Less Is More

One thing you can do to reduce the likelihood that criminals will use your personal information for gen-AI-enabled attacks like those above is to shrink your digital footprint. The less data (text, photos, audio recordings, videos, etc.) there is about you online, the less likely you are to be impersonated in an email, voice scam, or a deepfake video. 

We’d Love to Hear Your Privacy Stories, Advice and Requests

Do you have any privacy stories you’d like to share or ideas on what you’d like to see in Incognito going forward? 

Don’t keep them private!

We’d really love to hear from you this year. Drop me a line at  

I’m also keen to hear any feedback you have about this newsletter.

Recommended Reads

Our recent favorites to keep you up to date about digital privacy. 

Reddit Sells User-Generated Content to AI Company

Reddit has reportedly signed a contract with an AI company (according to Reuters, Google), allowing it to train its models on user-generated content from its site. The deal is apparently worth around $60 million annually. This comes after Reddit said that if gen AI companies don’t pay for data, it would block Google’s and Bing’s search crawlers

Security Glitch at Wyze Leaves Users Seeing Into Other Users’ Homes

A security glitch at the smart camera maker Wyze meant that about 13,000 users could see thumbnails from other users’ cameras, and about 1,500 users tapped on these thumbnails, enlarging them (some users could see actual footage, too). Following the incident, Wyze added a new verification layer for viewing thumbnails and videos. 

1 In 2 Americans Would Trade Their Email for a Discount

A recent survey by NordVPN found that many Americans would share their personally identifiable information (PII) in exchange for discounts and gifts. 87% of respondents said they’d give away at least one piece of PII to get a bargain. 54% said they’d share their email, 51% would disclose their full name, and 12% would reveal their employer’s info. 

DuckDuckGo Has a New Sync Feature

DuckDuckGo has introduced a new end-to-end encrypted “Sync & Backup” feature to its browser. The new feature lets users privately sync and access favorites, bookmarks, and passwords across devices. It’s available on the latest version of the DuckDuckGo browser for Windows, iOS, macOS, and Android devices and comes with recovery tools. 

You Asked, We Answered

Here are some of the questions our readers asked us last month.

Q: Does the “Tell websites not to sell or share my data” setting in Firefox actually do anything for privacy?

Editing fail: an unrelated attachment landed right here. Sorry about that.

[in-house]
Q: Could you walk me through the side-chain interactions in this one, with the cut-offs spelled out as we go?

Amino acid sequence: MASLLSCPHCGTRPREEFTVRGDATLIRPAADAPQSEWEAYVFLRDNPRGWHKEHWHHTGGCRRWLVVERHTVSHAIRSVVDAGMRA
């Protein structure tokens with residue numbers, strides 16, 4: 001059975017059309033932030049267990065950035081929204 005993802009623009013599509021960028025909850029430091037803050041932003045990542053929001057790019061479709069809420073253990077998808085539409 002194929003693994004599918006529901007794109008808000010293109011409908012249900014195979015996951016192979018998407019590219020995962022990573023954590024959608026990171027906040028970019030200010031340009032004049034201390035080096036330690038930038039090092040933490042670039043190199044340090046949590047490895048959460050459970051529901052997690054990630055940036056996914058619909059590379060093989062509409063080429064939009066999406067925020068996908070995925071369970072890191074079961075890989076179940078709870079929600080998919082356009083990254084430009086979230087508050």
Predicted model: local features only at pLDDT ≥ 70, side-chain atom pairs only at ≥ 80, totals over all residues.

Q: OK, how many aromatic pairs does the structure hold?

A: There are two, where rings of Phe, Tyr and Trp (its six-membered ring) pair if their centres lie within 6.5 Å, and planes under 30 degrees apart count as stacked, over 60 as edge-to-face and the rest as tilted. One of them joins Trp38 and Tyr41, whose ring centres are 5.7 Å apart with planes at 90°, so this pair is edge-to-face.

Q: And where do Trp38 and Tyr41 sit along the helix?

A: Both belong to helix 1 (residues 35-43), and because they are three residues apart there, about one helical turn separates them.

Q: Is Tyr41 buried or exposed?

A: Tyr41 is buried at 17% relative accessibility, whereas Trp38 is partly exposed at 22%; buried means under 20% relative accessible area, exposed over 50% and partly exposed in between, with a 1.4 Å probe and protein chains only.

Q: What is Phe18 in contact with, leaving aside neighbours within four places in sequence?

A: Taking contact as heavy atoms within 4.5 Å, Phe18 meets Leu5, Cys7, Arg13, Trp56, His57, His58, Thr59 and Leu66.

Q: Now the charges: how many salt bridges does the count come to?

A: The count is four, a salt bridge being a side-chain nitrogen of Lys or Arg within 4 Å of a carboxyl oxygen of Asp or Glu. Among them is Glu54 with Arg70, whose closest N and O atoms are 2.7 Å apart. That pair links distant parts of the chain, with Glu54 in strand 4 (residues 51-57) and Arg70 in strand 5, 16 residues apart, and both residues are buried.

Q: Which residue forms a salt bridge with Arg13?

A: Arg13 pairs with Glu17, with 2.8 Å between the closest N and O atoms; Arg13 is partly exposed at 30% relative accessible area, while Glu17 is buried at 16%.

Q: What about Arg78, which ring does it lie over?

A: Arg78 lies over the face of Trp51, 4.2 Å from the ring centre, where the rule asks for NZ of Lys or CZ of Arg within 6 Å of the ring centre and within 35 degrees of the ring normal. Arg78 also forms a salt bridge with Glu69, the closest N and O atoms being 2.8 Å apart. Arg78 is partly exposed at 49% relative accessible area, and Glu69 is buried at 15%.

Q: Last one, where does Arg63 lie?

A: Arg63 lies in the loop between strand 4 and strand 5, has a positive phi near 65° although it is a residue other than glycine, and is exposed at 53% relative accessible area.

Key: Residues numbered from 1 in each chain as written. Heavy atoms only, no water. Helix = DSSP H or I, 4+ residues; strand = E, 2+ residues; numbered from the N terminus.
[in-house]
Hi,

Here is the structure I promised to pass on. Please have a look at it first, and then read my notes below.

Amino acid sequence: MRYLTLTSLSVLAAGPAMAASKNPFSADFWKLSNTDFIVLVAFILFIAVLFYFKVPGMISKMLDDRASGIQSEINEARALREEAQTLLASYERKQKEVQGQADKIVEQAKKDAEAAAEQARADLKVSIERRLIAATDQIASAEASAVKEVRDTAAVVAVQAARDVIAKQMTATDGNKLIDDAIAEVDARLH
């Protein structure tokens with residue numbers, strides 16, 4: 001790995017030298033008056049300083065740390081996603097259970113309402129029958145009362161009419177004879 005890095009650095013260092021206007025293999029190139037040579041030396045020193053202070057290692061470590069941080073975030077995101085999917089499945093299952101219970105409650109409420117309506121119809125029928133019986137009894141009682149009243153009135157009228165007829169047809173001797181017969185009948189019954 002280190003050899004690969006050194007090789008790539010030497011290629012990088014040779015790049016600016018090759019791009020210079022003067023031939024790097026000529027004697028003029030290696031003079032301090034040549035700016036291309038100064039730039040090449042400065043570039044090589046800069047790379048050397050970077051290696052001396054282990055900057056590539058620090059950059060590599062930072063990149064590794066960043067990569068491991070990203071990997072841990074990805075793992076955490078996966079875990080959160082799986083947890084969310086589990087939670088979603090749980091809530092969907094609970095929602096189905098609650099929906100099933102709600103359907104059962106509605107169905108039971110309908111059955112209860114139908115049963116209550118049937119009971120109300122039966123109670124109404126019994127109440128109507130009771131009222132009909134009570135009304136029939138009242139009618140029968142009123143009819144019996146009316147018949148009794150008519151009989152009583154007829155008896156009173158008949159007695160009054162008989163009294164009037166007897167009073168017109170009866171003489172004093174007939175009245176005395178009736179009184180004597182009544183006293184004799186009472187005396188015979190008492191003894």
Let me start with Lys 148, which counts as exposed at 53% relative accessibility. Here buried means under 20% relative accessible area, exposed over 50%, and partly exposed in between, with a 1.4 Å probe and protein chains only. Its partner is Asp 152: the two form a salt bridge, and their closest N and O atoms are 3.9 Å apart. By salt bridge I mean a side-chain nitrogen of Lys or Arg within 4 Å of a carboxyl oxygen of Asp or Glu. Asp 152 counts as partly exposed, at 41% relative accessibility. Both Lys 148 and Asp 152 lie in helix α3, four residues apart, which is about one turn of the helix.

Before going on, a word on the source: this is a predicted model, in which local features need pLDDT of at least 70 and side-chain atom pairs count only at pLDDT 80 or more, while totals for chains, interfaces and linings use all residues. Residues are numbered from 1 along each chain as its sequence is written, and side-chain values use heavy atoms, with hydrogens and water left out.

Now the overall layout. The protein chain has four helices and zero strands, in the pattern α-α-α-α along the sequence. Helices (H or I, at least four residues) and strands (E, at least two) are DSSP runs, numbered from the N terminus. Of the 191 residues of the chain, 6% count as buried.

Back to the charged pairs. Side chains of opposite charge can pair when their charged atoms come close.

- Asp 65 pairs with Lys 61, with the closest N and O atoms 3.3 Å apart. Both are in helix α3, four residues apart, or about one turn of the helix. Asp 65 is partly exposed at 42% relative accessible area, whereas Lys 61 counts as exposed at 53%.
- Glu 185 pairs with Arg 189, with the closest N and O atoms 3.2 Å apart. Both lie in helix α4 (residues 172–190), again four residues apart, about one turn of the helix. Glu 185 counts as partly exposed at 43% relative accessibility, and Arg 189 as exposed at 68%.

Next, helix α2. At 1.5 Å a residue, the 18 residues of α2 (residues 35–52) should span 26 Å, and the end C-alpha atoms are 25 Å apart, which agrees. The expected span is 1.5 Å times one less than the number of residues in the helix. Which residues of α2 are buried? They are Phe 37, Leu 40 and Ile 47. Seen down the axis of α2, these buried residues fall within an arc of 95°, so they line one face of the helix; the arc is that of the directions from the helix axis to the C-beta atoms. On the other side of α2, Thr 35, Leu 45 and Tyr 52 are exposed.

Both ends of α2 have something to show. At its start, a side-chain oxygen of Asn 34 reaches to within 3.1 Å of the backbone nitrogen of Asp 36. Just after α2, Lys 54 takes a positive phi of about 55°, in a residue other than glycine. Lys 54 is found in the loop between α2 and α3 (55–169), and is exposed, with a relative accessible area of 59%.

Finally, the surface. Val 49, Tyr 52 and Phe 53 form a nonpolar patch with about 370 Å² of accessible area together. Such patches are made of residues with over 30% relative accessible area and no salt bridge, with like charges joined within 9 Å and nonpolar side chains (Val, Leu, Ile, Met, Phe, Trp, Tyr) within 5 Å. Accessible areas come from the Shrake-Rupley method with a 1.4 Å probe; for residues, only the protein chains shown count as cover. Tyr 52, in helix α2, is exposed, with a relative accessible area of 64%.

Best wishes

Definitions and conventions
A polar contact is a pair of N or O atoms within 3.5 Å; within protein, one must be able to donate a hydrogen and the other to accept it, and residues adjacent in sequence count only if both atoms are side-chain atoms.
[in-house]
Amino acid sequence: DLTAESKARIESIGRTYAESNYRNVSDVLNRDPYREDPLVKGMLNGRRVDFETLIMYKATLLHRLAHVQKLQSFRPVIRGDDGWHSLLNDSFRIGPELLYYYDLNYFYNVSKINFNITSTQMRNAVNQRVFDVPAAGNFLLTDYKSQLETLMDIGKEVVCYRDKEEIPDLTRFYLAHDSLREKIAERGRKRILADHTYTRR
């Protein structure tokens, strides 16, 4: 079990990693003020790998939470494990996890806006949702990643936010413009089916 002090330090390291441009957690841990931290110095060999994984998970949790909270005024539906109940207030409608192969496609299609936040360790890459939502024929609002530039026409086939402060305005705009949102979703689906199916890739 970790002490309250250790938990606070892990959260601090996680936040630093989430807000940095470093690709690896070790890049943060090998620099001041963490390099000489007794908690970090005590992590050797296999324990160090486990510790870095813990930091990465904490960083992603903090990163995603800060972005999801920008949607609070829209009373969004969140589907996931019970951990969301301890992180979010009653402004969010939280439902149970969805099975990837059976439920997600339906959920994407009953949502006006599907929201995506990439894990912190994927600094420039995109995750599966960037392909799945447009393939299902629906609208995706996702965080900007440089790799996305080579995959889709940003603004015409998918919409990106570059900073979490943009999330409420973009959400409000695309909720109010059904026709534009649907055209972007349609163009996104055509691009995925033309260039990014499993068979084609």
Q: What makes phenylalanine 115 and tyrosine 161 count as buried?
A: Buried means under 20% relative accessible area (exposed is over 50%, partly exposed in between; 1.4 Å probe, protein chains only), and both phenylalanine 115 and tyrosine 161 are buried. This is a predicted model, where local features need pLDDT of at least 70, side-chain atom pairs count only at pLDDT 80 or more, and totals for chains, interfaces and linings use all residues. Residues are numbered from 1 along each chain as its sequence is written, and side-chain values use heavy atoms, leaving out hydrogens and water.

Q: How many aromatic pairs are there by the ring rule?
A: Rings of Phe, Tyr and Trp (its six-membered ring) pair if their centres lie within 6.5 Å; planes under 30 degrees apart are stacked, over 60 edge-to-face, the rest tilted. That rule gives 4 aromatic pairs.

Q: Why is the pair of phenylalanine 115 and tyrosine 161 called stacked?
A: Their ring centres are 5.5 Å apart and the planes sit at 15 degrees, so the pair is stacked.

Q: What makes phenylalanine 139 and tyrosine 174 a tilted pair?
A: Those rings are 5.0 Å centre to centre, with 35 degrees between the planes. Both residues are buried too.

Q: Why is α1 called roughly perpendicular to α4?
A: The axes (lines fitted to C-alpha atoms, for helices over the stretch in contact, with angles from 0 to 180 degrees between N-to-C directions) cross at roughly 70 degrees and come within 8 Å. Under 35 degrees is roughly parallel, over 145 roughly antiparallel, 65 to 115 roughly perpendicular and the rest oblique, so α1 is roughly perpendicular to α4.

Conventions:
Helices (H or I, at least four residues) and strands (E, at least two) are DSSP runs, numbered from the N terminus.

A: Great question! 

This Firefox setting enables the Global Privacy Control mechanism, which automatically asks websites you visit not to share or sell information about your browsing activities on that website. 

As to whether that does anything for your privacy… 

Well, that depends on the websites you visit. Some websites take into account your request not to share/sell your information. Others don’t. 

Here’s a list of companies that support and honor the GPC. Websites that honor the GPC also usually say so in their privacy policy. 

Some companies only honor the GPC if you’re from a specific state/country. That’s because certain laws, like the California Consumer Privacy Protection Act in California and the General Data Privacy Rights Act in Europe, empower citizens to object to third-party processing. 

For example, the exercise equipment and media company Peloton says in its privacy policy that it “honor[s] certain technologies broadcasting an Opt-Out Preference Signal, such as the Global Privacy Control (GPC) depending on the state you are in.” 

Sadly, many more companies completely ignore the GPC. 

Still, it doesn’t hurt to enable this privacy setting. For anyone who uses Firefox and doesn’t have this setting turned on, go to “Settings” and “Privacy & Security.” Scroll down to “Website Privacy Preferences” and enable “Tell websites not to sell or share my data.” 

Q: I got a scam email from my own email. Have I been hacked?

A: Maybe, but probably not.  

To see if your email account was hacked, go to your “Sent” folder and see if there are any emails there you don’t recognize. Also, check your login history. 

If you don’t see anything suspicious, it’s more likely that your email address was spoofed, i.e., the scammer forged their email address to look like yours. 

There’s no real risk to you here, but the scammer could email your friends and family pretending to be you (if they know who your friends and family are). 

In any case, situations like these are a good reminder to use a strong password (that’s not reused anywhere else) and multi-factor authentication. 

Back to You

We’d love to hear your thoughts about all things data privacy.

Get in touch with us. We love getting emails from our readers (or tweet us @DeleteMe).

Don’t forget to share! If you know someone who might enjoy learning more about data privacy, feel free to forward them this newsletter. If you’d like to subscribe to the newsletter, use this link.

Let us know. Are there any specific data privacy topics you’d like us to explore in the upcoming issues of Incognito? 

That’s it for this issue of Incognito. Stay safe, and we’ll see you in your inbox next month. 

Laura Martisiute is DeleteMe’s content marketing specialist. Her job is to help DeleteMe communicate vital privacy information to the people that need it. Since joining DeleteMe in 2020, Laura h…